By Hilary Sheinbaum
Between yogurt, supplements, and even skincare, the word ‘probiotic’ has been boasted across packaging, signaling gut benefits. But after years and years in the spotlight and headlines, now ‘prebiotics’ are starting to garner the limelight on shelves and attention among consumers.
This had us thinking — are prebiotics the new probiotics? But, before deciding to replace one with the other, first, we did some digging for information.
Not only did we uncover their differences (and similarities!) but we also found why both are important for maintaining health. In short: one is not replacing the other. Here’s what the experts have to say about prebiotics and probiotics, including why it’s beneficial to consume both.
Often taken in the form of capsules, “a probiotic is a living microorganism (most commonly bacteria) that contains a health benefit when taken sufficiently”, says Santosh Sanagapalli, MD, Associate Professor of Medicine at The University of New South Wales. Perks of these non-digestible fiber compounds include balancing the good bacteria in your gut, helping with digestion and more. Dr. Sanagapalli notes that some fermented foods are naturally high in probiotics, including yogurt, kimchi, kefir, sauerkraut, miso, tempeh and kombucha (which is often advertised on labels).
According to the Global Prebiotic Association, a prebiotic is a nutritional product and/or ingredient selectively utilized in the microbiome producing health benefits. The most common example is in the gastrointestinal tract, where prebiotics can alter the composition of organisms in the gut microbiome. Like probiotics, prebiotics can be found in supplement form as well as naturally, in foods. “Many of the richest sources of prebiotics are in foods such as chicory root, Jerusalem artichokes, dandelion greens, green bananas and resistant potato starch,” says Kara Landau, RD, and Founder of Uplift Food. “They are also found in smaller amounts inside many plant-based foods such as onions, garlic, asparagus, jicama, cooked and then cooled potatoes or pasta, legumes and lentils, raw oats, cashew nuts and tigernuts.”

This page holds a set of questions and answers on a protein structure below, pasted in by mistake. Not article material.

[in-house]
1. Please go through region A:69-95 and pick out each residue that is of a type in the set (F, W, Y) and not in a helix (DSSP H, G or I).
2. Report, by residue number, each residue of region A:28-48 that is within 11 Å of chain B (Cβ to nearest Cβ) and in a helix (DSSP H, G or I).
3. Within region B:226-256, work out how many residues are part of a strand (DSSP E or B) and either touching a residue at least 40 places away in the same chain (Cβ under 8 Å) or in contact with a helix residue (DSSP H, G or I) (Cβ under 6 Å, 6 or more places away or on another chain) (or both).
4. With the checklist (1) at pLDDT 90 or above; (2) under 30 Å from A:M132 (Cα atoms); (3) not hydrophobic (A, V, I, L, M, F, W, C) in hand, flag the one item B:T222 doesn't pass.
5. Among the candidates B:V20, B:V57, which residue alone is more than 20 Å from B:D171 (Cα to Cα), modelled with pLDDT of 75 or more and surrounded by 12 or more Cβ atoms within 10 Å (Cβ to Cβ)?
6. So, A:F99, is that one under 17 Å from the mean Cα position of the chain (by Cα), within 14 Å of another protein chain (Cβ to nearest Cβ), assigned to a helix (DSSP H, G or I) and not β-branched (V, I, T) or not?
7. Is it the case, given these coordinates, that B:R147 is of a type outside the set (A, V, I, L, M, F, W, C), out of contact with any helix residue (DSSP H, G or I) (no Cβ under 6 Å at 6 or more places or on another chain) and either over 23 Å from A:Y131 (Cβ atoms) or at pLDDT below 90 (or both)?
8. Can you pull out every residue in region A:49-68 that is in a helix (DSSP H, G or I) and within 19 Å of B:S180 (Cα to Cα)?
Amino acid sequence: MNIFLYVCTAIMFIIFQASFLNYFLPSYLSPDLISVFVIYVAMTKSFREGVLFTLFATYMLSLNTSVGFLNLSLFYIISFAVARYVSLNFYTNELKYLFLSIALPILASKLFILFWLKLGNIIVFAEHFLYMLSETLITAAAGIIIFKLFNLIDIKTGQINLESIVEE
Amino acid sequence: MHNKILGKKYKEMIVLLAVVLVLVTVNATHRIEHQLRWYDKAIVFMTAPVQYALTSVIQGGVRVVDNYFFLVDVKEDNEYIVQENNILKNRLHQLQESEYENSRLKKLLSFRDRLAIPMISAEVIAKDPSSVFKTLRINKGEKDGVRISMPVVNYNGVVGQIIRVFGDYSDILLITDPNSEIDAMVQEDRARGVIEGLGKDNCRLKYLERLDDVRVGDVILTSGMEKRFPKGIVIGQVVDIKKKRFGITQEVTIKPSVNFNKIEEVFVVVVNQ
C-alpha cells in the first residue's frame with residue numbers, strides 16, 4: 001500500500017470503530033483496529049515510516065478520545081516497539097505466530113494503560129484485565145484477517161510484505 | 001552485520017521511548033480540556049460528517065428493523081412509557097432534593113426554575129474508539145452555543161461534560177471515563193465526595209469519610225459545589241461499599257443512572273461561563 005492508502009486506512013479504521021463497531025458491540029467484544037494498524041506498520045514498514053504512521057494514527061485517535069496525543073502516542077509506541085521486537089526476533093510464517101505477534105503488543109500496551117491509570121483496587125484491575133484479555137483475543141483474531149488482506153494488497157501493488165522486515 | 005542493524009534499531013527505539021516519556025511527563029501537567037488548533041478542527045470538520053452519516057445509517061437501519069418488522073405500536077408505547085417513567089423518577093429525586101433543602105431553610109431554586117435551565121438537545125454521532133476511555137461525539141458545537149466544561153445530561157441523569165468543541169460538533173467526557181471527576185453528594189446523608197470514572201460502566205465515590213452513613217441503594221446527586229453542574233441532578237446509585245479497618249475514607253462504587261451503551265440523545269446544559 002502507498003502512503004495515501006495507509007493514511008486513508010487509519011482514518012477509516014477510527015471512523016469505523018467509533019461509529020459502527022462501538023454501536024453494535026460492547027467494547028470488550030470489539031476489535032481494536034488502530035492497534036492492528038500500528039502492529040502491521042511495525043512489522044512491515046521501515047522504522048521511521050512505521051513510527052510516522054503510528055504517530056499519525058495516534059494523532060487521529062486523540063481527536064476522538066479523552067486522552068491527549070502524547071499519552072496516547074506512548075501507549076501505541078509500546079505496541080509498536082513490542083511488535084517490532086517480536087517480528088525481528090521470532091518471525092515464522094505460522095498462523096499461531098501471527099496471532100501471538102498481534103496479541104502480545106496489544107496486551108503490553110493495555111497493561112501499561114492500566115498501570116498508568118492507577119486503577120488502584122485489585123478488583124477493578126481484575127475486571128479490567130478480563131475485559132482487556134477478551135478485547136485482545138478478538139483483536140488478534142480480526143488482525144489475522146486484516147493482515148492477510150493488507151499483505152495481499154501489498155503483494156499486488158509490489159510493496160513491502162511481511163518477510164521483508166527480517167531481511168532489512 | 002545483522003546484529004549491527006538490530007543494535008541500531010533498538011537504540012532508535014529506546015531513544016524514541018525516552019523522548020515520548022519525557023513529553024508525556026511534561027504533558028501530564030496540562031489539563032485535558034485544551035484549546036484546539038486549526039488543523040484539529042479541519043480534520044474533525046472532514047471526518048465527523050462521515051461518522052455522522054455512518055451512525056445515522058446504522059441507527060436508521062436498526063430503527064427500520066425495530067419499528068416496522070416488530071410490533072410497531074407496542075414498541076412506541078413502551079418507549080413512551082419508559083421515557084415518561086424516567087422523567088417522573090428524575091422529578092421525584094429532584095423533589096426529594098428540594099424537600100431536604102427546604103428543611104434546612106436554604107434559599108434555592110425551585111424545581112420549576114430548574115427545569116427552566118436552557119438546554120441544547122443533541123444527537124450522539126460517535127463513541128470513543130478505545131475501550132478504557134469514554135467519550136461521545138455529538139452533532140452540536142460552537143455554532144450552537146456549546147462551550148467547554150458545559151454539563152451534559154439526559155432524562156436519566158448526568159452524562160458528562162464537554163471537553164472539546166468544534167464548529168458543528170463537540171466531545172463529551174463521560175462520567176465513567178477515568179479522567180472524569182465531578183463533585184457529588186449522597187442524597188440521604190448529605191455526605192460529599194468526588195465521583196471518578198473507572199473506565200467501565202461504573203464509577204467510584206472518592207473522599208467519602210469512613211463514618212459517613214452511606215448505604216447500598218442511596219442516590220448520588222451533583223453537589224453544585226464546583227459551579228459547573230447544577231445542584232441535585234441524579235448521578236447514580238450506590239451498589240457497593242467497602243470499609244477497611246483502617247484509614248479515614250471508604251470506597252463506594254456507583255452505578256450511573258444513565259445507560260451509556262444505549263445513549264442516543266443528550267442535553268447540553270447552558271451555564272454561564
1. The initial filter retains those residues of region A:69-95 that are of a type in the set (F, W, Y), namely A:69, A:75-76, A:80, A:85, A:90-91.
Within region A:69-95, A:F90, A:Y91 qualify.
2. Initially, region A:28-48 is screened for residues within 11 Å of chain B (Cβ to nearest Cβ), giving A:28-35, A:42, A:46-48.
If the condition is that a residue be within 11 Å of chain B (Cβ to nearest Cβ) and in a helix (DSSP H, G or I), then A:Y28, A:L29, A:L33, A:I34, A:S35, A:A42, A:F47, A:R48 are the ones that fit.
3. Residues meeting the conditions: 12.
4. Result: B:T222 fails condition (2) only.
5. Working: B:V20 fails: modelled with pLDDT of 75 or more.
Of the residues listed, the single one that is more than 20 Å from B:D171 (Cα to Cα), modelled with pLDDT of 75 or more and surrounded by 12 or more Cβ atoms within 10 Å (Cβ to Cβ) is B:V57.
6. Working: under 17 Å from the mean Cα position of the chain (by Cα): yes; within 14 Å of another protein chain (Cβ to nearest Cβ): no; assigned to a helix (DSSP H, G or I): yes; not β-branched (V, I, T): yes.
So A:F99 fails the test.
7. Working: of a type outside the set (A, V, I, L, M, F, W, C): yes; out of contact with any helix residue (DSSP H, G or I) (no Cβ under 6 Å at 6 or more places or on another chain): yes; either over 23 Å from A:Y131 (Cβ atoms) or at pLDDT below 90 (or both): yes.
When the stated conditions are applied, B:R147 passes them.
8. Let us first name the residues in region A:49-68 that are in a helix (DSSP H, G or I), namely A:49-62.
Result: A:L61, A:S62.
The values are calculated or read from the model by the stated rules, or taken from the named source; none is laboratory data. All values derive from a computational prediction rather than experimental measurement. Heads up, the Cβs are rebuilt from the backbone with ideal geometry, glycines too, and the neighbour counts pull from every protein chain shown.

While they are not the same — there is some overlap when it comes to benefits. “Probiotics and prebiotics are similar in the sense that both ultimately aim to improve health by improving the composition of the gut microbiome (a.k.a bacteria in the intestines)”, says Dr. Sanagapalli.
“They try to tip the balance in favor of more ‘good’ bacteria and less ‘bad’ bacteria, however, they achieve this goal in different ways.”
(Spoiler alert: you can take them together! We’ll get to that soon…)
While the two sound the same — they are dissimilar by nature. “Probiotics are live microorganisms, whereas prebiotics are not live, they are the energy source for the probiotics,” says Landau. “The majority of probiotics can not be heated, except those classified as spore formers, whereas many prebiotics can be utilized within heated/baked items.”
Yes, yes you can. Landau says the two work together to achieve optimal gut health, and probiotics need prebiotics in order to thrive and impart their benefits. “Prebiotics can enhance probiotic effectiveness both by supporting the transfer of the probiotics through the digestive tract, together with acting as their energy source within the gut,” Landau says.
Of course, it’s important to listen to your gut. “Being mindful of how your body responds to both individually, and assessing your tolerance level for not just prebiotics and probiotics as a whole, but rather individual types of prebiotics — and individual strains of probiotics — will lead to the greatest chance of successful and beneficial outcomes without negative side effects of incorporating both these nutrient sources into your diet,” she says.
With this info in mind, speak with your healthcare provider before starting a new probiotic and/or prebiotic regimen to see what route is best for you and your unique needs.